3.05

 

10,103,619

 

198,911

 

1.97

 

Noninterest-bearing deposits

 

3,236,404

 

 

 

 

 

3,165,320

 

 

 

 

 

Other liabilities and accrued expenses

 

199,289

 

 

 

 

 

155,663

 

 

 

 

 

Total liabilities

 

14,690,166

 

 

 

 

 

13,424,602

 

 

 

 

 

Shareholders’ equity

 

2,342,097

 

 

 

 

 

2,096,417

 

 

 

 

 

Total liabilities & shareholders’ equity

 

$

17,032,263

 

 

 

 

 

$

15,521,019

 

 

 

 

 

Net interest rate spread

 

 

 

$

663,158

 

3.48

%

 

 

$

623,973

 

3.88

%

Effect of noninterest-bearing funds

 

 

 

 

 

0.83

 

 

 

 

 

0.56

 

Net interest margin on earning assets

 

 

 

 

 

4.31

%

 

 

 

 

4.44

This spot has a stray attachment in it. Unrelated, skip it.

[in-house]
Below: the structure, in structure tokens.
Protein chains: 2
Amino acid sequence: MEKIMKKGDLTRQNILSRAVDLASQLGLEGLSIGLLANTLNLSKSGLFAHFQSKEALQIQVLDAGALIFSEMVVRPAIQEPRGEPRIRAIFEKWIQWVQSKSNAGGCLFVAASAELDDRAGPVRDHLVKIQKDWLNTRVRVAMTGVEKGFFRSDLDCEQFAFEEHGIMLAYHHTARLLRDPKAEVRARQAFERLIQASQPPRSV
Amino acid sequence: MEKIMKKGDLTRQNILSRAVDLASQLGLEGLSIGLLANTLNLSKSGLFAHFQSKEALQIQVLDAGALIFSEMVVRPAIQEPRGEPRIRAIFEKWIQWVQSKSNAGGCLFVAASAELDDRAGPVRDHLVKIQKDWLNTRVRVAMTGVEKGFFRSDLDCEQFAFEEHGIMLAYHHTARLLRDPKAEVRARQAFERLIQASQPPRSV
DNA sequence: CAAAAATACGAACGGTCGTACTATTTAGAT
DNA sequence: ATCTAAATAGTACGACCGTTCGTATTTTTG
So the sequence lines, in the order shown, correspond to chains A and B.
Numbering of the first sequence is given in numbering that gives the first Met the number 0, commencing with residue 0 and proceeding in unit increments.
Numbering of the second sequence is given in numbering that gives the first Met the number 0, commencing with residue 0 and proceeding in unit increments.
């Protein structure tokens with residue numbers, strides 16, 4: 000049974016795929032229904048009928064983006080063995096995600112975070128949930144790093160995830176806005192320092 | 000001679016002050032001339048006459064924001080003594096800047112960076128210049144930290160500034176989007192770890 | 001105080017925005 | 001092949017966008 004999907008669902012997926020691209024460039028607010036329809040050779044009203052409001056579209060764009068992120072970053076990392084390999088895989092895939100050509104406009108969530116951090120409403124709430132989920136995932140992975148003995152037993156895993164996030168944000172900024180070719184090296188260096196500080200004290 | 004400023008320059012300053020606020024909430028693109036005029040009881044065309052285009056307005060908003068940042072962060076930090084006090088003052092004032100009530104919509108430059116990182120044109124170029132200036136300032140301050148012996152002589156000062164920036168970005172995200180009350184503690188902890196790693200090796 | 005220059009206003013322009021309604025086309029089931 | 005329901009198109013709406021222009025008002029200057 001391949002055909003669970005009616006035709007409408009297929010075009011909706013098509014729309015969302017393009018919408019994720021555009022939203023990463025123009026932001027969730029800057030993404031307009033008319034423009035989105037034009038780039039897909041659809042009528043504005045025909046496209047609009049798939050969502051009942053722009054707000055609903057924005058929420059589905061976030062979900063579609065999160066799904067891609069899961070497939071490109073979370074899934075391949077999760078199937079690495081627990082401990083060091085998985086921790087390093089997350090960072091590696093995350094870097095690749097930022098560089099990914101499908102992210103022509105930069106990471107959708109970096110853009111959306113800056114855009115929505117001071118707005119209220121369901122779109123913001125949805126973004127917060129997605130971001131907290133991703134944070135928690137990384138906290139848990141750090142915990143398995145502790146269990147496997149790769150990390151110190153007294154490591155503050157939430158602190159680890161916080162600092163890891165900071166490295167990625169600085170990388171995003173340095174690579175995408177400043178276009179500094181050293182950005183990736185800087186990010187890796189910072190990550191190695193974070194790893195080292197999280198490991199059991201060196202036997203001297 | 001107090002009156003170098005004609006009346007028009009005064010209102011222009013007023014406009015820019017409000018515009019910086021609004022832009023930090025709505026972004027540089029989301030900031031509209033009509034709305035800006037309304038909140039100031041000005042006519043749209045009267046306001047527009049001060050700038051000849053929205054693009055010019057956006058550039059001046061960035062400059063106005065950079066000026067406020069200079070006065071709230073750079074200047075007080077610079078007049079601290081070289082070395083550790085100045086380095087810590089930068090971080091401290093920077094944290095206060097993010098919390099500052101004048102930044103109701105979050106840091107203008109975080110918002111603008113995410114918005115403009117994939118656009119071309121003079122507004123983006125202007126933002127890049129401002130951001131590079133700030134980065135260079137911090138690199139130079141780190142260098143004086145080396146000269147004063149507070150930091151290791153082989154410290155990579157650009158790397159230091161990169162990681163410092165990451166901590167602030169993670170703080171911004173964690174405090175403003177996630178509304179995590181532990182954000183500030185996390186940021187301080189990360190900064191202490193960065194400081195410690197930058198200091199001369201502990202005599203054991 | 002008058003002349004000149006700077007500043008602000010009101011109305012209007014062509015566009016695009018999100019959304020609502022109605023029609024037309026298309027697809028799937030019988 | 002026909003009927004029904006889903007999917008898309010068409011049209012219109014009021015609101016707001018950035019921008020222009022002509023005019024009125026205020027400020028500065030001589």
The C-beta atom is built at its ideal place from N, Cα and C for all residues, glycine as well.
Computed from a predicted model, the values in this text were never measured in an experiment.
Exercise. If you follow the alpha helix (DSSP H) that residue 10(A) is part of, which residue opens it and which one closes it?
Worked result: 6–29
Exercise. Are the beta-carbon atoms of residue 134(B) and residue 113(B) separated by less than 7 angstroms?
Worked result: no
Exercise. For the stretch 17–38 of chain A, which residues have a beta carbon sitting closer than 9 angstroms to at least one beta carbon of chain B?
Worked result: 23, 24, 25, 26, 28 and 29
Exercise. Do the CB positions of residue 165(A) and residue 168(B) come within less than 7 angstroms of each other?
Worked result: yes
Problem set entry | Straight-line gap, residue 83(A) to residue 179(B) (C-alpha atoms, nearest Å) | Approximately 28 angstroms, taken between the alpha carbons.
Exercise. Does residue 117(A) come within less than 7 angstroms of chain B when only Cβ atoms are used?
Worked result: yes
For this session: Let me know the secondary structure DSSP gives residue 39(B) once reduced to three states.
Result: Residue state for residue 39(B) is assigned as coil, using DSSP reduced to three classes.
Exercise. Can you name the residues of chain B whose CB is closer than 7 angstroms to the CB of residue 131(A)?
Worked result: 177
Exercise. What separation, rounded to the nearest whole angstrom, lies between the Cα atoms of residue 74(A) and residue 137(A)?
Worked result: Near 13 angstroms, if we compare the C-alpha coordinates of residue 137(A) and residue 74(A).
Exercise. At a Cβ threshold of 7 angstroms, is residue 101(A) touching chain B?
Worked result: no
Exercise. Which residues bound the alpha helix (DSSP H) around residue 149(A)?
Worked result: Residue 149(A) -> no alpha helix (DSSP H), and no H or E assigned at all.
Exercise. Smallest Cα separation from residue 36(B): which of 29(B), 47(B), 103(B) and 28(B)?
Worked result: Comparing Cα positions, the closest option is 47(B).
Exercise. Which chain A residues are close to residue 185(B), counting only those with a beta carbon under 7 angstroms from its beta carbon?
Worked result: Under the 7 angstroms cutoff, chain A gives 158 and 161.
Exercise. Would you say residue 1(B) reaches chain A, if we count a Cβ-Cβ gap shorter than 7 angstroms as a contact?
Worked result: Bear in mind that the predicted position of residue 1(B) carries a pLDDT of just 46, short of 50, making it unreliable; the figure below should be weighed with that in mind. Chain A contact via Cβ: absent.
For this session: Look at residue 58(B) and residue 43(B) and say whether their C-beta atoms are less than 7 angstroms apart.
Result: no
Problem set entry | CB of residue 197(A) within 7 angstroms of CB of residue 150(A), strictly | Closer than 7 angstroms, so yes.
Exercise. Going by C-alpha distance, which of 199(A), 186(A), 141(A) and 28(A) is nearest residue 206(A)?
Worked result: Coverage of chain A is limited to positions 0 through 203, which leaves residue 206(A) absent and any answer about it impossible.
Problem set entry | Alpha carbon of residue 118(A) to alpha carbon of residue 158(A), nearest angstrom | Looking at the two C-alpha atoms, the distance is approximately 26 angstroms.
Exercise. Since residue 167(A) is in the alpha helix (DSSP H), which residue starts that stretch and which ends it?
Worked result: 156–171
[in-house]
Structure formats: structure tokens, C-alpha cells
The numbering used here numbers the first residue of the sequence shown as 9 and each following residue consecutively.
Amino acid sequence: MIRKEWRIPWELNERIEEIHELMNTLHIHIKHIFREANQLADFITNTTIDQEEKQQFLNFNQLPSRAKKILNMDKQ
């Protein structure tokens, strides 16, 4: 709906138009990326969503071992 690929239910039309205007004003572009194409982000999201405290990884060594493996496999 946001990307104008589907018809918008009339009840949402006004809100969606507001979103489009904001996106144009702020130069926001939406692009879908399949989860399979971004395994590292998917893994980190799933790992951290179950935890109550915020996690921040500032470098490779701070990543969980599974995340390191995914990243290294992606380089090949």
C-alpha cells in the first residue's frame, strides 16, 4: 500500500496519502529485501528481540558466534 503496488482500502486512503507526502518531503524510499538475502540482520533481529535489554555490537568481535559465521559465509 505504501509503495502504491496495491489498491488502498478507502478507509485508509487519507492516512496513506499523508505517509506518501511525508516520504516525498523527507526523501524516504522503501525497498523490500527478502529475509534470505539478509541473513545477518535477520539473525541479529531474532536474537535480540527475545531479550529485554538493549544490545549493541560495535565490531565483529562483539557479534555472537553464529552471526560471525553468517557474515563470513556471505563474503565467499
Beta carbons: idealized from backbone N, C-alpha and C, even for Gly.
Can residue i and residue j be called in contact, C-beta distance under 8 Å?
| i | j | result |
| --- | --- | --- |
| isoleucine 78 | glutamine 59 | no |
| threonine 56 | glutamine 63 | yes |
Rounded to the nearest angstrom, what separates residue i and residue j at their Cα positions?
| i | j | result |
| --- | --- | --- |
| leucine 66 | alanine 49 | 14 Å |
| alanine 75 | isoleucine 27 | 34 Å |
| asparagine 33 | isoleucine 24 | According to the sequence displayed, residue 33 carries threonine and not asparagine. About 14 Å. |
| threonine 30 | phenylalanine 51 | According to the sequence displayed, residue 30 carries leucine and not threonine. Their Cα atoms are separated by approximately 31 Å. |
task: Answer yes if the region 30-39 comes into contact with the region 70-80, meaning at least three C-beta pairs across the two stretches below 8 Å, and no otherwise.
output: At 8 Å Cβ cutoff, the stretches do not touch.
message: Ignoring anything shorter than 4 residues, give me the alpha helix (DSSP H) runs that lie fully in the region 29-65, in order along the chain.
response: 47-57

%

Tax-equivalent adjustment included in:

 

 

 

 

 

 

 

 

 

 

 

 

 

Loan income

 

 

 

$

5,402

 

 

 

 

 

$

4,757

 

 

 

Investment securities income

 

 

 

1,969

 

 

 

 

 

2,090

 

 

 

Total

 

 

 

$

7,371

 

 

 

 

 

$

6,847

 

 

 

 

30




 

 

 

2004

 

2003

 

(Dollars in thousands)

 

Average
Balance

 

Income (1)
/ Expense

 

Yield (1)
/ Rate

 

Average
Balance

 

Income (1)
/ Expense

 

Yield (1)
/ Rate

 

Earning assets

 

 

 

 

 

 

 

 

 

 

 

 

 

Loans: (2),(4)

 

 

 

 

 

 

 

 

 

 

 

 

 

Commercial

 

$

2,725,452

 

$

145,170

 

5.33

%

$

2,478,707

 

$

135,186

 

5.45

%

Commercial real estate

 

2,927,968

 

173,626

 

5.93

 

2,316,627

 

142,166

 

6.14

 

Construction

 

1,144,044

 

62,508

 

5.46

 

929,939

 

50,324

 

5.41

 

Residential real estate

 

1,643,504

 

98,596

 

6.00

 

1,350,034

 

88,292

 

6.54

 

Home equity lines

 

450,244

 

20,222

 

4.49